Another nail in the coffin for Mindgeek this week, as news broke of a $600 million lawsuit being filed against them by a Canadian woman who alleges that MindGeek hosted a video depicting her sexual abuse at age 12 on Pornhub. This follows a separate $80 million lawsuit filed by forty women in December 2020, who allege that Mindgeek knew of the criminal activity of production company GirlsDoPorn when they partnered with them and took a profit from hosting their criminal activity.

As The Globe and Mail reports: “She filled out a form on the site requesting the video be removed. Court documents say she received an automated response a few days later, and heard nothing from the company after that. She does not know if the video was removed, according to Louis Sokolov at Sotos LLP in Toronto, co-counsel in the matter.”

This is just another despairing example of Mindgeek’s disregard for the illegal, abusive, and exploitative content that has appeared on their subsidiary site Pornhub in recent years. In early 2020Rose Kalemba’s BBC story went viral arguably drawing worldwide attention to the criminality of the company.

What might happen in terms of the criminal and civil sanctions against Mindgeek remains to be seen, but it is absolutely vital that steps are now taken to ensure a regulatory framework is put in place to begin to turn the tide against an industry that has, so far, allowed this type of activity to flourish unchecked.

The UK Government’s recent Full response to its Online Harms White Paper outlined a tiered system that it intends to put in place to combat harmful online, ranging from content that may be harmful but is considered legal, to outright illegal material. Category One websites are those described as:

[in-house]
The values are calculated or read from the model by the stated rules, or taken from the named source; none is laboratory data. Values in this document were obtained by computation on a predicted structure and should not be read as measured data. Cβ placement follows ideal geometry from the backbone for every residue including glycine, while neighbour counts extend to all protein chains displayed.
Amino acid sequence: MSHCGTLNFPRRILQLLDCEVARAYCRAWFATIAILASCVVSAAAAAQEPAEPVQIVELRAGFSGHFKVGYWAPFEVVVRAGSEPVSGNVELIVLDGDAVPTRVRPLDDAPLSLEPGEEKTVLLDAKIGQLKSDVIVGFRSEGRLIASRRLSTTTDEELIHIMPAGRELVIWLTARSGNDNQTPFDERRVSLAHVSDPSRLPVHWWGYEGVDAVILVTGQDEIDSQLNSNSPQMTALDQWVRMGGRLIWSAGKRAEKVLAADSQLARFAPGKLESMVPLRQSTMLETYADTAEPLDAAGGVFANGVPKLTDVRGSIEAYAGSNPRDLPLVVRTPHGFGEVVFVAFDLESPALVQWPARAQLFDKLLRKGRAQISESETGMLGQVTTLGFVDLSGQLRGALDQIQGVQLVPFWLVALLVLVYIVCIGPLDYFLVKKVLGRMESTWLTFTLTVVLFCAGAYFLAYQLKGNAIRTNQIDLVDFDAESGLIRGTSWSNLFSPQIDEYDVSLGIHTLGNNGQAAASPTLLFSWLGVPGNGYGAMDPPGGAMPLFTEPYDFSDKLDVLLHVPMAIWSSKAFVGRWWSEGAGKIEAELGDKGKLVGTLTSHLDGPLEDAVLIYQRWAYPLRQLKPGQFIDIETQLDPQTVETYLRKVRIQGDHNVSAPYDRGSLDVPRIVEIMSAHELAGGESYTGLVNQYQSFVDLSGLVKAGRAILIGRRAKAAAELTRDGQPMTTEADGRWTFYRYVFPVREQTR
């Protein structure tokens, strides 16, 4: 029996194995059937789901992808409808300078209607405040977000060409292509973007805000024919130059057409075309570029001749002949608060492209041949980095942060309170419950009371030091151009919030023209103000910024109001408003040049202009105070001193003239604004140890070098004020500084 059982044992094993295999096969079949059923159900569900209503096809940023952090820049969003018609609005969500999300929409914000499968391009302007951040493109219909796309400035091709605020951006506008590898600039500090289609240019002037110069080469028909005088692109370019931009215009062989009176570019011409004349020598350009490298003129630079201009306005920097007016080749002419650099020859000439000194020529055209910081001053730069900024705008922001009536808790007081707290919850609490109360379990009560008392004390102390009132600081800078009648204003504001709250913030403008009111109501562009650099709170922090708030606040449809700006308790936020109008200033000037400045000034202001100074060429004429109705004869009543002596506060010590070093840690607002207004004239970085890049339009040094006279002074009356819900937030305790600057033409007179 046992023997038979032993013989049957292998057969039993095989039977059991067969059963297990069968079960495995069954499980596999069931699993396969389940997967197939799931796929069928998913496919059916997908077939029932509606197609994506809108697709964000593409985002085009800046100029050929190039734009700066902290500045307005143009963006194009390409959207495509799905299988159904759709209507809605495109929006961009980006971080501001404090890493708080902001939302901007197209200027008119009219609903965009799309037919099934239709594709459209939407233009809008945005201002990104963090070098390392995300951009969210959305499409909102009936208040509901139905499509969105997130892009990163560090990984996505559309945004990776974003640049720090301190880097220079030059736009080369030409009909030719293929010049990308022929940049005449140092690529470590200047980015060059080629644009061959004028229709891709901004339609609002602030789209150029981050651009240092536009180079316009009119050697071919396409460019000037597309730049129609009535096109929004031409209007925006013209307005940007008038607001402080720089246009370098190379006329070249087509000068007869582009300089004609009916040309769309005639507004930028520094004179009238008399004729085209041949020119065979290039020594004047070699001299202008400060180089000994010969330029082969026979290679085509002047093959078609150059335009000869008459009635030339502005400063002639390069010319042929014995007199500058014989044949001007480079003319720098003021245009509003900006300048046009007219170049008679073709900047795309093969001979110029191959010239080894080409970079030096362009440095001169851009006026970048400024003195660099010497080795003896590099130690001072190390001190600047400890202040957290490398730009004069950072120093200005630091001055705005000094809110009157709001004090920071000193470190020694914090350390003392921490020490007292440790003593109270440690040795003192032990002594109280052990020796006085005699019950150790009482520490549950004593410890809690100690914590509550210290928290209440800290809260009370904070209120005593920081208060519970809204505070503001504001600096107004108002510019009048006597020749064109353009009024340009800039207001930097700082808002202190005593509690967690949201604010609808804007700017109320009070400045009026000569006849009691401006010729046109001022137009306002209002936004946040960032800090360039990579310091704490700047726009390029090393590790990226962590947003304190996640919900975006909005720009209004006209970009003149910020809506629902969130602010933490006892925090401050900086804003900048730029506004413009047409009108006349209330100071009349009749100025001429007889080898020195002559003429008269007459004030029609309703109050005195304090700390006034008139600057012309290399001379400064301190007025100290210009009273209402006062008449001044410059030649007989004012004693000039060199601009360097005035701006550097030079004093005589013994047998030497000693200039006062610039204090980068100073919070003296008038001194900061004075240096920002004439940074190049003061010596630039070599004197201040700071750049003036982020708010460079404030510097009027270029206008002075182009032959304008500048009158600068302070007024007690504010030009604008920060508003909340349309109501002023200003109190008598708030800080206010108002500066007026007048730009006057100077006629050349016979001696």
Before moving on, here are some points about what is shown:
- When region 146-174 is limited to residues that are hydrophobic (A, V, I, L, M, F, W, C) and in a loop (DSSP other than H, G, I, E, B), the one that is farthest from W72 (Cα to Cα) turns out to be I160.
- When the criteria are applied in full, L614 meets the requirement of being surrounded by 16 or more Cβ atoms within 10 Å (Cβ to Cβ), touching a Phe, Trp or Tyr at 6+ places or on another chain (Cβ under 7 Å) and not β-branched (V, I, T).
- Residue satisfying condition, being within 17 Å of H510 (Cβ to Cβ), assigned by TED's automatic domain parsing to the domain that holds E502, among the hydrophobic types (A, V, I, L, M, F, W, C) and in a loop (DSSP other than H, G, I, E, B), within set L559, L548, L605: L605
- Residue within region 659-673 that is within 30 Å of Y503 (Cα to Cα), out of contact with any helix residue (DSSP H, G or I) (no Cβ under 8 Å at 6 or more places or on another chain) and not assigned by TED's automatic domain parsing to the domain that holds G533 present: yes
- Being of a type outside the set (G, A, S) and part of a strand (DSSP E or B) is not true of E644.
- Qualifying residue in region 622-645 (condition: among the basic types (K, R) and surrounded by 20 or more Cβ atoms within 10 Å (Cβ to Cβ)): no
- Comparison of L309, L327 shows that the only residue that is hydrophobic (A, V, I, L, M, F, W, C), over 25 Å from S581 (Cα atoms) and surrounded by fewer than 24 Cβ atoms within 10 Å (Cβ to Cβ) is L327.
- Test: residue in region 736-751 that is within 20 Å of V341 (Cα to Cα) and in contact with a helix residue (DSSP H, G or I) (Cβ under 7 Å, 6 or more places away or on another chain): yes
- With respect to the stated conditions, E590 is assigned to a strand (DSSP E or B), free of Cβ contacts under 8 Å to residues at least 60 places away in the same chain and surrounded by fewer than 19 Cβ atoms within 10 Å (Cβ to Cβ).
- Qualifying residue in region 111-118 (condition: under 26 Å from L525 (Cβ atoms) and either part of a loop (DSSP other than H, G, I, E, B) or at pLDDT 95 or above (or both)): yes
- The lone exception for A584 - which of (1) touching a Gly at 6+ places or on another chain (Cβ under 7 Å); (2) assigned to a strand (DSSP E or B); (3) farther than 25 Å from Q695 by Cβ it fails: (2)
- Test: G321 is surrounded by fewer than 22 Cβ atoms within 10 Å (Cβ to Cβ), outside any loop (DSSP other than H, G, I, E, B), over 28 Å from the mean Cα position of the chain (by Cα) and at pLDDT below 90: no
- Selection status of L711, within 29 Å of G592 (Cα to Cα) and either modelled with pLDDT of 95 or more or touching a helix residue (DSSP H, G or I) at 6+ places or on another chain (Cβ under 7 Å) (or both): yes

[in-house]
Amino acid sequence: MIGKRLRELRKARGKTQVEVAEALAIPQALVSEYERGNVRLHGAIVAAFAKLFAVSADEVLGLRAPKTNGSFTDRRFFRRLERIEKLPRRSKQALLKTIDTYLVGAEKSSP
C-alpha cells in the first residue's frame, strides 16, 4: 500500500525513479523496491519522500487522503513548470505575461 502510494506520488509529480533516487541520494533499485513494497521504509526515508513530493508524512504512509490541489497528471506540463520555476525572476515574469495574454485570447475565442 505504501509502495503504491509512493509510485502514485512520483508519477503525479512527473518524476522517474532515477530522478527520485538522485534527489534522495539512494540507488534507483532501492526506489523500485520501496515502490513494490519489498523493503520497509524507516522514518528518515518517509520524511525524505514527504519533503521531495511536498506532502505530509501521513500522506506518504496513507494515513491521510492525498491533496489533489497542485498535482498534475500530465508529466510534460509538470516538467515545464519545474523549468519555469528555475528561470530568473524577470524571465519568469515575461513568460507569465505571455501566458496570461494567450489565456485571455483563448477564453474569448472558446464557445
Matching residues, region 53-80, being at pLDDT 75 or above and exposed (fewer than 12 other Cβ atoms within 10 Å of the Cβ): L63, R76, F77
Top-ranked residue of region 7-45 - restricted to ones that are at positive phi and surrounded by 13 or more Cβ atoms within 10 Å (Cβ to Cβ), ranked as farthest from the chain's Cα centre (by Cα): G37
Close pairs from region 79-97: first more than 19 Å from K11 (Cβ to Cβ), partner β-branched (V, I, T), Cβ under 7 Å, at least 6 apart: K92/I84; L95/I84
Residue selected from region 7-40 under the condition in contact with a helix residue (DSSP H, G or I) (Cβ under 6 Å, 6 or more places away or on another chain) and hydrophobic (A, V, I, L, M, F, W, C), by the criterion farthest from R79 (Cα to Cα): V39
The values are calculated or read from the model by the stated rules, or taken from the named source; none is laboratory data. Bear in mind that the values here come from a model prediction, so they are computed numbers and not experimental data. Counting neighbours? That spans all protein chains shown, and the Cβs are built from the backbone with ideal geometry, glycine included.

A small group of high-risk, high-reach services will be designated as ‘Category 1 services’, and only providers of these services will additionally be required to take action in respect of content or activity on their services which is legal but harmful to adults.

Of course, this does not include the reams of material proliferated on Pornhub and other sites that is both harmful to users and illegal, but as it stands Category One is the most forceful regulatory option available. It is critical that the Government recognises the culpability that these companies have in relation to the criminal activity that occurs on their sites, but also the harm to users and performers alike that so far seems to have gone unnoticed.

Porn use has long been linked to the normalisation of sexual violence, as well as instilling attitudes of sexual entitlement in viewers. The effective monopoly Mindgeek has over the online porn industry has also resulted in a market crush where performers are forced to engage in increasingly degrading acts to maintain a steady level of income.

This extends beyond the typical ‘tube sites’ (sites to which anyone can upload videos) such as Pornhub to other social media platforms; as a recent New York Times article revealed, people who set up accounts on the “empowering” OnlyFans subscription site are left barely better off than before they started, with the average income for performers totalling a meagre $180 per month. Again, performers end up being coerced into explicit acts they didn’t intend or want to do, in order to receive any income at all.

The porn industry has changed immeasurably since the so-called “Golden Age” between 1970-90, and has continued to do so even over recent years, with the increasing availability of Virtual Reality and Deepfake porn. It is vital that the Government get to grips with the reality of the industry as it now is, and not how they think it functions based on an inaccurate and outdated perception.

CEASE UK urges the Government to recognise the harms caused by the porn industry, both to users, performers, and victims of sexual exploitation. Anything other than imposing the strictest regulations on this unchecked industry will result in further exploitation and abuse. There is an opportunity to turn the tide; it must be grabbed with both hands.